Coach Morgan Wootten, with the highest winning percentage of any coach in the history of the sport, doing what he does best.
Courtesy of Bill Hayes

Morgan Wootten is one of the most successful coaches in high school basketball history. Those from the Washington metro area may remember him for the legendary success of his DeMatha Catholic High School basketball team. During his close to 50 year tenure, DeMatha won more than 1,200 games and never lost more than two in a row. One of the most historic moments of his career was the team’s unexpected win up against a powerhouse team led by a player we now know as Kareem Abdul-Jabbar. 

Photo of climate activists stop in front of the COP24 UN Climate Change Conference venue during the March for Climate in a protest against global warming in Katowice, Poland, Saturday, Dec. 8, 2018.
Alik Keplicz / AP Photo

The United Nations Climate Change Conference in Katowice, Poland is not going well for the Trump administration. Officials’ speeches have been met with laughter, hecklers, and people walking out of the room. Some protestors are calling the administration's push for clean coal “climate suicide.” The annual meeting, known informally as Cop24, is geared toward ending global warming, and this year attendees are focused on how to implement the Paris Agreement. 

Uma Avva remembers attending elementary school in Fayetteville and being asked: Are you black or white? She was neither. Avva’s family moved from India to the South in the 1960s, at a time when there were only three boxes to check on standardized forms: white, black, or other.

File photo of NC GOP Executive Director Dallas Woodhouse.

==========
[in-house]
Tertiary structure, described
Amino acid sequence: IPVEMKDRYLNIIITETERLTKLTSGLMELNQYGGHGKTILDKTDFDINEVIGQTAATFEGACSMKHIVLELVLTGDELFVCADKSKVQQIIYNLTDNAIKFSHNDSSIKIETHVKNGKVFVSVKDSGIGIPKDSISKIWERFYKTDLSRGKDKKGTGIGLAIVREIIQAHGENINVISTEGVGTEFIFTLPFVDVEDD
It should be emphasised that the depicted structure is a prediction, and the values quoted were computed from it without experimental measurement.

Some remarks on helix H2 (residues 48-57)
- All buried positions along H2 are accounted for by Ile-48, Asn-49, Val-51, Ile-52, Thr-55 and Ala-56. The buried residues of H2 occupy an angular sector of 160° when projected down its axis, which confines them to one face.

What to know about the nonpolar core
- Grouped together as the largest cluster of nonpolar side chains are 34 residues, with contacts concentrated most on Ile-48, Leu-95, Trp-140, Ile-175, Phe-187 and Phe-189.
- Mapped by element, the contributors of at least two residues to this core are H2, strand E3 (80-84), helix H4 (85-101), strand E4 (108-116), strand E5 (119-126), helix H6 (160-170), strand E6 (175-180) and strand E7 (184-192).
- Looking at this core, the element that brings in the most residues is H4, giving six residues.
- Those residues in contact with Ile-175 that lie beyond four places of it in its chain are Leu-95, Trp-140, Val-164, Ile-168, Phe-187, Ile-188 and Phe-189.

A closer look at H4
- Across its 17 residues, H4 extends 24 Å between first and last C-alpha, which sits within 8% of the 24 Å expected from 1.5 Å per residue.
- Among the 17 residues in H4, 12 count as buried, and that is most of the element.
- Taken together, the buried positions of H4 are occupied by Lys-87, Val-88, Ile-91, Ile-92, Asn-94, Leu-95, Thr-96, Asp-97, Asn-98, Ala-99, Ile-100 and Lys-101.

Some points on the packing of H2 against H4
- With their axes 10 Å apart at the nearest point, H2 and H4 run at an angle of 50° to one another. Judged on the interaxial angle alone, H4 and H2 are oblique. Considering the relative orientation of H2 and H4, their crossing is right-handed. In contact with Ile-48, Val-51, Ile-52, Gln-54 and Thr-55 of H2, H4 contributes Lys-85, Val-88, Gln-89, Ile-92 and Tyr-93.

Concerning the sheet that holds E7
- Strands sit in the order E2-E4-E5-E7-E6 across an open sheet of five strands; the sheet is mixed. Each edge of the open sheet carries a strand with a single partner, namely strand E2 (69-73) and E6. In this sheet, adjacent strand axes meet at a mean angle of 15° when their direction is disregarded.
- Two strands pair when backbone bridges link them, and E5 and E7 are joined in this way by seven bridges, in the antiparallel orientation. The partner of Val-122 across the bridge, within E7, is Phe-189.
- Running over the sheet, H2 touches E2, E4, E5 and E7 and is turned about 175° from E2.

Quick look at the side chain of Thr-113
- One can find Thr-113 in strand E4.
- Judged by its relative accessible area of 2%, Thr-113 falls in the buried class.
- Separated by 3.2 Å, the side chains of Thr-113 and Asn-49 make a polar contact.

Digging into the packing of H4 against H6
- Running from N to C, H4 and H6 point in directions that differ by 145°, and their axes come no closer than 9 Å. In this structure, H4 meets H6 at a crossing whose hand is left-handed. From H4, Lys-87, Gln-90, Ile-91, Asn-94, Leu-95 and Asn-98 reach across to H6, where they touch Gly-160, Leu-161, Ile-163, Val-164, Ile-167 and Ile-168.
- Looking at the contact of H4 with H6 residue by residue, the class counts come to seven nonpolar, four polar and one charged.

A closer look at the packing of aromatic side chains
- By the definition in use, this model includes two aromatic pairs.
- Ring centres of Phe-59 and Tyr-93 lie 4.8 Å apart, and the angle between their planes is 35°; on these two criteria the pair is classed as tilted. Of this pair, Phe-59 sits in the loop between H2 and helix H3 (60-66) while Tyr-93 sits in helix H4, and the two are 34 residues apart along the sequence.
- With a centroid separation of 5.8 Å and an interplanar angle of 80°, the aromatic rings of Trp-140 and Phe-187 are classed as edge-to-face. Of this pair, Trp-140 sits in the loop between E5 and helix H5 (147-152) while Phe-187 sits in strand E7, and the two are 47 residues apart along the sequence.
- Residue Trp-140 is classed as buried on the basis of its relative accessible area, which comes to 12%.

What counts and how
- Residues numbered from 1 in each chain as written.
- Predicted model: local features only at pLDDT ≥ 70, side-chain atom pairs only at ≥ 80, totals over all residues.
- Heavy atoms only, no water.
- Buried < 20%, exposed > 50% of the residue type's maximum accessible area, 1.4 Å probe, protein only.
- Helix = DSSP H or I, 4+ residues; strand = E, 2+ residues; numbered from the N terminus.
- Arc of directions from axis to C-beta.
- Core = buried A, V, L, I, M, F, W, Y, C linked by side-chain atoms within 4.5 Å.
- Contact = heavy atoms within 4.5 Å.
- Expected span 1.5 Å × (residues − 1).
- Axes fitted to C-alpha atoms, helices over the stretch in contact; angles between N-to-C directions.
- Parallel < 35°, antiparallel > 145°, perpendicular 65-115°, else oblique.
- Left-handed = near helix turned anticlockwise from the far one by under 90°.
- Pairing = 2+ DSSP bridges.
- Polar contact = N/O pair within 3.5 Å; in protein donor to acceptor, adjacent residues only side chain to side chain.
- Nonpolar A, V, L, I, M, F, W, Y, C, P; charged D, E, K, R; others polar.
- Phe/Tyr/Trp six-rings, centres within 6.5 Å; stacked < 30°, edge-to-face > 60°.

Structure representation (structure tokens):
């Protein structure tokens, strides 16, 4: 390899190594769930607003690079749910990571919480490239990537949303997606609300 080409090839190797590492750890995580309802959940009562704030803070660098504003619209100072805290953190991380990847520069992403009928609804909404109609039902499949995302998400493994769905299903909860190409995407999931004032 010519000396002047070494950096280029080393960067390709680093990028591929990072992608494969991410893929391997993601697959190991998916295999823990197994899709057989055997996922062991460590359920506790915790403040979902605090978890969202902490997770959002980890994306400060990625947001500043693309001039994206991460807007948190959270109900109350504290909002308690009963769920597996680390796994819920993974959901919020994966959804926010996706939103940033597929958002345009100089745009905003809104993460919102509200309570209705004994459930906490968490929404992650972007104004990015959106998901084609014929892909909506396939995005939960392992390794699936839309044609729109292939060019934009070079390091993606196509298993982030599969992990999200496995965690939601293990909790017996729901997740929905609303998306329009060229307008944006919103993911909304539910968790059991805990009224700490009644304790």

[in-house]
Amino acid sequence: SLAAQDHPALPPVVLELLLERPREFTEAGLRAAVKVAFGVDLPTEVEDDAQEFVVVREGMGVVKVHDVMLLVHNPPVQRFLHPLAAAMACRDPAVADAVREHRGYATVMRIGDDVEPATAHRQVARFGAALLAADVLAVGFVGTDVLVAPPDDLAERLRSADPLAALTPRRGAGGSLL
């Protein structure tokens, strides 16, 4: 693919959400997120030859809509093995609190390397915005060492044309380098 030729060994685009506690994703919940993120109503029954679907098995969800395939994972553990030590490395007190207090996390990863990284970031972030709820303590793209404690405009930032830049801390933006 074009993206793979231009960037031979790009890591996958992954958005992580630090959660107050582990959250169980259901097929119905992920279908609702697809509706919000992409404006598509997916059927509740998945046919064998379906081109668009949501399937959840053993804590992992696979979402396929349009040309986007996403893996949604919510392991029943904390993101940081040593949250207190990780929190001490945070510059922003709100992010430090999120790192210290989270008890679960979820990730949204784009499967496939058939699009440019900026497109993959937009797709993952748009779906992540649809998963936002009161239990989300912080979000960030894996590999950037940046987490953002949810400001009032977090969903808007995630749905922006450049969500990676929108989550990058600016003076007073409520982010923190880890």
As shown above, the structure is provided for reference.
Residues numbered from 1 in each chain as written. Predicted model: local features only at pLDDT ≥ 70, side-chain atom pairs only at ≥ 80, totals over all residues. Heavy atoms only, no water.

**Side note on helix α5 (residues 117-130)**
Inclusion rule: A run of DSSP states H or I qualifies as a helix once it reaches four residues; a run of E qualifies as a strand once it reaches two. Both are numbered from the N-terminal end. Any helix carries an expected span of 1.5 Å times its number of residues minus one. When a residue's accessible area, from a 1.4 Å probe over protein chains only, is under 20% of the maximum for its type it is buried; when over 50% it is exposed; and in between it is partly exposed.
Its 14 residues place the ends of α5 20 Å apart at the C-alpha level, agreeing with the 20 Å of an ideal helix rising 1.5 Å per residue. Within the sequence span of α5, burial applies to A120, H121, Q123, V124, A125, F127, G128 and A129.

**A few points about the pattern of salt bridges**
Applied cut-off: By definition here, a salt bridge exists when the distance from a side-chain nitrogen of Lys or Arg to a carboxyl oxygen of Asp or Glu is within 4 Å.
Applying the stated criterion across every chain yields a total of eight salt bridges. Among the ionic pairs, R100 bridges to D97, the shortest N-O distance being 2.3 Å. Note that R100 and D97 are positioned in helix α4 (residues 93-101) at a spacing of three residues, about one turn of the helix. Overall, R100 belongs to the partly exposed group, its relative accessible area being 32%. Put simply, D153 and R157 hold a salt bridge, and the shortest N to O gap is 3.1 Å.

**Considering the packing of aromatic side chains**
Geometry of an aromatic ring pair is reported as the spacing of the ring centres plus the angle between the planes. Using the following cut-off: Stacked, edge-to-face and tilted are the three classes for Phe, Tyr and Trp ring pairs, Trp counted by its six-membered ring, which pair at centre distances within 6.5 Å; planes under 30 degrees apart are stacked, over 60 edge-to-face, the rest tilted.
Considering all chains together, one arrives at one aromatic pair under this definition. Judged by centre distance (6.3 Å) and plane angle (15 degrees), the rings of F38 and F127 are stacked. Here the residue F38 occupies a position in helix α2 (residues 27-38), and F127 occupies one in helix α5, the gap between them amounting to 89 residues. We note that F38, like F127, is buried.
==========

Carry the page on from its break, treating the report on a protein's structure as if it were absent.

Adhiti Bandlamudi / WUNC

State and federal officials from both parties are calling for a full investigation into election fraud in North Carolina’s 9th Congressional District. With only 905 votes deciding the race between Republican Mark Harris and Democrat Dan McCready, and reports of absentee ballot irregularities, the state elections board voted to have an evidentiary hearing later this month. 

photo of the Cherokee County Detention Center
Frank Taylor/Carolina Public Press

A former Cherokee County Detention Center officer has been indicted on assault charges after allegedly kicking an inmate in the face. This is one of a growing number of complaints against authorities at that detention center.

photo of Mayor Nancy Vaughn at table talking to people.
Jordan Green/Triad City Beat

The death of Marcus Deon Smith was declared a homicide by the state medical examiner’s office. Within hours of this news, a Guilford County superior court judge authorized the release of the camera footage from the incident, which shows Smith wandering in the street and behaving erratically and Greensboro police placing him in a controversial restraint many compare to “hog-tying.”

NC Sheriffs, Sheriffs, Law Enforcement
Paula Dance for Pitt County Sheriff